Acute kidney injury is a common morbidity of pediatric sepsis and carries an increased risk of mortality. The pathophysiology of sepsis associated acute kidney injury was previously believed to be secondary to decreased global renal perfusion causing hypoxia-induced injury; however, newer research suggests this paradigm is overly simplistic, and injury is now considered multifactorial in origin. Mechanisms that contribute to kidney injury include alterations in microvascular renal blood flow, inflammation and changes in bioenergetics. Clinically, defining acute kidney injury has undergone recent examination and revision, with new interest in evaluating novel biomarkers which measure kidney function more accurately with greater predictive power for patient outcomes. Specific interventions to prevent sepsis associated kidney injury by emergency care practitioners and other frontline providers are currently lacking, and no significant evidence for such practices exist. With a growing understanding of the mechanisms of injury, novel therapeutic targets have been proposed, but current human studies have yet to be performed to help guide the practitioner.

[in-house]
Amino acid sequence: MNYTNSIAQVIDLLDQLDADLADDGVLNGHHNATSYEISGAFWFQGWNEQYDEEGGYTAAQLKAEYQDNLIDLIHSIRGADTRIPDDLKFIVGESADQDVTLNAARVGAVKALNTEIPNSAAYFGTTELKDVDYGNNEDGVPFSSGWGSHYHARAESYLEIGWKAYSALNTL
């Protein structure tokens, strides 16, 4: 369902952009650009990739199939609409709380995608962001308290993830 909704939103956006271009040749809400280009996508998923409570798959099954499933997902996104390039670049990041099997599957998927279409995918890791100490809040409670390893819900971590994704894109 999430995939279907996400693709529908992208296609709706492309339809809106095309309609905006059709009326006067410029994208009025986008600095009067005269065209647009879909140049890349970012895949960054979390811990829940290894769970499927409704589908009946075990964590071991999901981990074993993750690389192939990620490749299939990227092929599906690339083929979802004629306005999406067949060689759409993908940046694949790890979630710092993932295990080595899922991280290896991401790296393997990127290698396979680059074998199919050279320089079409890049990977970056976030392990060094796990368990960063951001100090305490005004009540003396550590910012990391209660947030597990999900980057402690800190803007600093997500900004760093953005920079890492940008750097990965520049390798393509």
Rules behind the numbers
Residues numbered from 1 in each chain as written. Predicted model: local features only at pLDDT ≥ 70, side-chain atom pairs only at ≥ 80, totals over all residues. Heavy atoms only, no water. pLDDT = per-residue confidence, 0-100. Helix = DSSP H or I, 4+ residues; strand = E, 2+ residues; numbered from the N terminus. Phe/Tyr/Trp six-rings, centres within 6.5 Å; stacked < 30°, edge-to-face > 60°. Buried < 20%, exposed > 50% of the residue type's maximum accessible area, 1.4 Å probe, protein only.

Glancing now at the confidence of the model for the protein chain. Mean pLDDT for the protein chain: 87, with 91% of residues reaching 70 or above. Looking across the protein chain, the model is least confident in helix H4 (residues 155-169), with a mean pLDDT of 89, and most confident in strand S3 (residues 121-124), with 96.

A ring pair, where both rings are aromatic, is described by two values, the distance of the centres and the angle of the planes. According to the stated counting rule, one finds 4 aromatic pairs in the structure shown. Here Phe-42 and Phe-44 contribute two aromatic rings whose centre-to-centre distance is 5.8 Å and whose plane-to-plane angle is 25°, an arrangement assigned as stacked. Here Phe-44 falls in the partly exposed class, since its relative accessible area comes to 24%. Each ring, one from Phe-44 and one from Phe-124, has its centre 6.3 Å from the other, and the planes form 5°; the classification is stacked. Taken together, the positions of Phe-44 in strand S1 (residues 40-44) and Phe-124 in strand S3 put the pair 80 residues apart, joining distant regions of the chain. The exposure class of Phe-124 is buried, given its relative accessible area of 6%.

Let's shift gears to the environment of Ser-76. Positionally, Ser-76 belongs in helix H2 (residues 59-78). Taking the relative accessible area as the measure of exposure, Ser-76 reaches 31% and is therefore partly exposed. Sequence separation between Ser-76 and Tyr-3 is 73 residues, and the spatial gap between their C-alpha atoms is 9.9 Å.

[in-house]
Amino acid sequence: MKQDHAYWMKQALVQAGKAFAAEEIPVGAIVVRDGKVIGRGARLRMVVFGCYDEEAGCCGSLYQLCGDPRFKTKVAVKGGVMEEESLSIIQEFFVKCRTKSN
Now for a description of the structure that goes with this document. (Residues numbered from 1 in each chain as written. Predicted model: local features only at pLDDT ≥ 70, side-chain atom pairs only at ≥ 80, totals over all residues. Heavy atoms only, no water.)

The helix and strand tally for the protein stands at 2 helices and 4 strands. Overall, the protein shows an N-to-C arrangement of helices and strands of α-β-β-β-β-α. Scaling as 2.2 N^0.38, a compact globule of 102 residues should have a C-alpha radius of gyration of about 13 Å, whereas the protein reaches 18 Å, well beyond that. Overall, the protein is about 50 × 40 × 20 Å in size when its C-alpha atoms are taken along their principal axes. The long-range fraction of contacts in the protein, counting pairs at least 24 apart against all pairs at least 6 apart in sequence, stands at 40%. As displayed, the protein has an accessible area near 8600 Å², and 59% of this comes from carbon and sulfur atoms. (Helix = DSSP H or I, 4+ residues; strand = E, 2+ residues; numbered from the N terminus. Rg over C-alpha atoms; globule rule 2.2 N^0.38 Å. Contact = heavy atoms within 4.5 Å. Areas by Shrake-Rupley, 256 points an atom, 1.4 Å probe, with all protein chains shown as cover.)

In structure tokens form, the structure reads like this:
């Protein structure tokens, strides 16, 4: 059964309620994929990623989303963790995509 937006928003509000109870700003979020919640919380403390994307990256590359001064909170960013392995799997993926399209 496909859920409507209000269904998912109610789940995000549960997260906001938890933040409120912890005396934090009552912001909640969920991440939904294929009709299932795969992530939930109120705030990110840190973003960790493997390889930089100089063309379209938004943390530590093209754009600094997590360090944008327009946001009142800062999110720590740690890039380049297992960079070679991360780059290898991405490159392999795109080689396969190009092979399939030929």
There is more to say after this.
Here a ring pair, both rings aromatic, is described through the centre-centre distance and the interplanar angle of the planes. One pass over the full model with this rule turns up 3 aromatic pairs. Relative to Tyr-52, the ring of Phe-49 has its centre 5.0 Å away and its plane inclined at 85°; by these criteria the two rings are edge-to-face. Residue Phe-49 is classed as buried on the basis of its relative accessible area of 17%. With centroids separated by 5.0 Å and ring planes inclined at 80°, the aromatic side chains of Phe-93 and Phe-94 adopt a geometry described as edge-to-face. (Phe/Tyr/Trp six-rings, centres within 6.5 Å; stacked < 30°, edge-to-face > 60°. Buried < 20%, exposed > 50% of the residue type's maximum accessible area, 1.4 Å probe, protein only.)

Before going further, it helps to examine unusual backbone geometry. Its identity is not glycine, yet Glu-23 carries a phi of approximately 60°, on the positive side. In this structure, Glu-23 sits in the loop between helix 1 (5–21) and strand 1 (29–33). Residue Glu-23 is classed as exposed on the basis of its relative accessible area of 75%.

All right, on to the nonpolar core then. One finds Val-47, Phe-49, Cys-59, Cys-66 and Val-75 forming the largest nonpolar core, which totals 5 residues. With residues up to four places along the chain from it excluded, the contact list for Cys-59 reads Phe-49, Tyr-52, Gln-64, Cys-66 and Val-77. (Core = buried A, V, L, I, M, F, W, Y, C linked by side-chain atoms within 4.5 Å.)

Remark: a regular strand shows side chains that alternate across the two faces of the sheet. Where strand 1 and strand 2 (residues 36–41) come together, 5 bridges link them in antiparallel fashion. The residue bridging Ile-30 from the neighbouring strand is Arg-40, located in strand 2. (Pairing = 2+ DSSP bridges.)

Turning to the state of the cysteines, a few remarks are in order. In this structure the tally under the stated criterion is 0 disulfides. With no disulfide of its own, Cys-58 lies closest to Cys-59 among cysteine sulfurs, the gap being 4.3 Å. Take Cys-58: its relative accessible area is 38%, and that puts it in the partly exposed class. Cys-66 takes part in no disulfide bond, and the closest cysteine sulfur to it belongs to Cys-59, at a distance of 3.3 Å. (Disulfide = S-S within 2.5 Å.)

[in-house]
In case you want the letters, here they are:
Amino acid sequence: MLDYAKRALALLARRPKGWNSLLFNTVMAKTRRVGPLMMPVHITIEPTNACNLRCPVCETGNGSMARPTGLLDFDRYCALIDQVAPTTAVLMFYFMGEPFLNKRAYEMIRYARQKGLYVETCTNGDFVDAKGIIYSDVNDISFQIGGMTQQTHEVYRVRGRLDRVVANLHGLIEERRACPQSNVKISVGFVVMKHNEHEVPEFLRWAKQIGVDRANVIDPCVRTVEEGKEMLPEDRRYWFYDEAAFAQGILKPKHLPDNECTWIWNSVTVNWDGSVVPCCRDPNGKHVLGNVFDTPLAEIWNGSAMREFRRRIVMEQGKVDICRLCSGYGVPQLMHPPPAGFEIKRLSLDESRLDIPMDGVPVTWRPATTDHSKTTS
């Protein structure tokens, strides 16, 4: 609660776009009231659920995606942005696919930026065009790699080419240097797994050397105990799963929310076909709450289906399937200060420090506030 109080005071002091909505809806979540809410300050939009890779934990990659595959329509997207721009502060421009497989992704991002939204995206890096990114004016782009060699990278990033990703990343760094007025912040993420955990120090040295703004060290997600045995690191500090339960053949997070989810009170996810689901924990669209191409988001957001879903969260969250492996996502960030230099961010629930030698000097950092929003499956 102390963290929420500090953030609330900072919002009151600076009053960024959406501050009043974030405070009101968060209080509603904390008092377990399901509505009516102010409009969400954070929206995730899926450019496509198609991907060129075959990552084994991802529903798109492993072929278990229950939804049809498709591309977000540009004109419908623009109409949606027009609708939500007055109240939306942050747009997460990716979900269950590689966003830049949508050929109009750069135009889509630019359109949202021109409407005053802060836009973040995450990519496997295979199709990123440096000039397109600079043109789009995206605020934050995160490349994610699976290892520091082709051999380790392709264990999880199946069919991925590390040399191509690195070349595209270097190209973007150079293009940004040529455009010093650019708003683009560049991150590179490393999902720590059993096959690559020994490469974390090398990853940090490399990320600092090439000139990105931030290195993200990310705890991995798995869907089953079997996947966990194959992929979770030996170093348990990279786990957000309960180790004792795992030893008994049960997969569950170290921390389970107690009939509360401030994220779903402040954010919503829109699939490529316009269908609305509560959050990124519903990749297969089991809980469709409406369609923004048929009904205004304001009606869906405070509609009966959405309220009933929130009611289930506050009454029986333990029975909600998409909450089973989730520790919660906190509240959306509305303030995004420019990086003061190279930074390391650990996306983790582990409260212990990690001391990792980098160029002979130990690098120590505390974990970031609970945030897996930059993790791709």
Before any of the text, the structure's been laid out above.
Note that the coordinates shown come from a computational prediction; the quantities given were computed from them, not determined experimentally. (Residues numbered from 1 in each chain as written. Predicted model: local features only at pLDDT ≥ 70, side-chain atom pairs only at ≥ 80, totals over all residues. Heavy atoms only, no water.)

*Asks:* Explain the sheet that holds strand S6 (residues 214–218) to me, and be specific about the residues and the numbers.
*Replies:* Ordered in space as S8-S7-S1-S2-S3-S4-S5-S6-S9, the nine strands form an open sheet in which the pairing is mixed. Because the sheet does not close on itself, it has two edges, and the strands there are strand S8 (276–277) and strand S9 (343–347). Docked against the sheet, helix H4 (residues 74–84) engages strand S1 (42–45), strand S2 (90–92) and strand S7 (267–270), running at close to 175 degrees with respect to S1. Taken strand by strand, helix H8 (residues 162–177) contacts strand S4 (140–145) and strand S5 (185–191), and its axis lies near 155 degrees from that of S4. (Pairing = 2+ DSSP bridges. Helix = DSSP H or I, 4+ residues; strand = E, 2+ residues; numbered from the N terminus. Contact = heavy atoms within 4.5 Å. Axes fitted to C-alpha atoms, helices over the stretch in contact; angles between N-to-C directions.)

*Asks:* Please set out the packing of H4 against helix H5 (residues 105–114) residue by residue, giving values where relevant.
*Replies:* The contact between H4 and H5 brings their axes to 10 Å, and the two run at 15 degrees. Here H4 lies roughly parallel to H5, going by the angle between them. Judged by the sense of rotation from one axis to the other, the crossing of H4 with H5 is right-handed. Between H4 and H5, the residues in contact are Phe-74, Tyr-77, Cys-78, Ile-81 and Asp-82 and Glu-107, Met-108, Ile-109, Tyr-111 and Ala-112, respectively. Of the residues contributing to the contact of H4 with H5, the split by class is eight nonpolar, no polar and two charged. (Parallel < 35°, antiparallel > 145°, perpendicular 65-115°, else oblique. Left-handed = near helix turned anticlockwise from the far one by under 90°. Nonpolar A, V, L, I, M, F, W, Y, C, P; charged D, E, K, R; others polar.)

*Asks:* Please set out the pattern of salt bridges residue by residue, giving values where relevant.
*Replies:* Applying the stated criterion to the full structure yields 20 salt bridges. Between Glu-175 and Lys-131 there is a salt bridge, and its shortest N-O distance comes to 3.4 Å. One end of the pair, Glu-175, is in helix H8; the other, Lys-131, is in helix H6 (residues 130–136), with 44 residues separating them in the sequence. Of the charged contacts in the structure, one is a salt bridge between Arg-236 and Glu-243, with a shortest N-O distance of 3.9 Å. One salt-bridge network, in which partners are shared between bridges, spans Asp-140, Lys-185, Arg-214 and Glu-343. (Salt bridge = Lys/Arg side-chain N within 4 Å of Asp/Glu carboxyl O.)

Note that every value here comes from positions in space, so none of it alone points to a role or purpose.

- Acute kidney injury
- Neutrophil gelatinase associated lipocalin
ASJC Scopus subject areas
- Emergency Medicine
- Pediatrics, Perinatology, and Child Health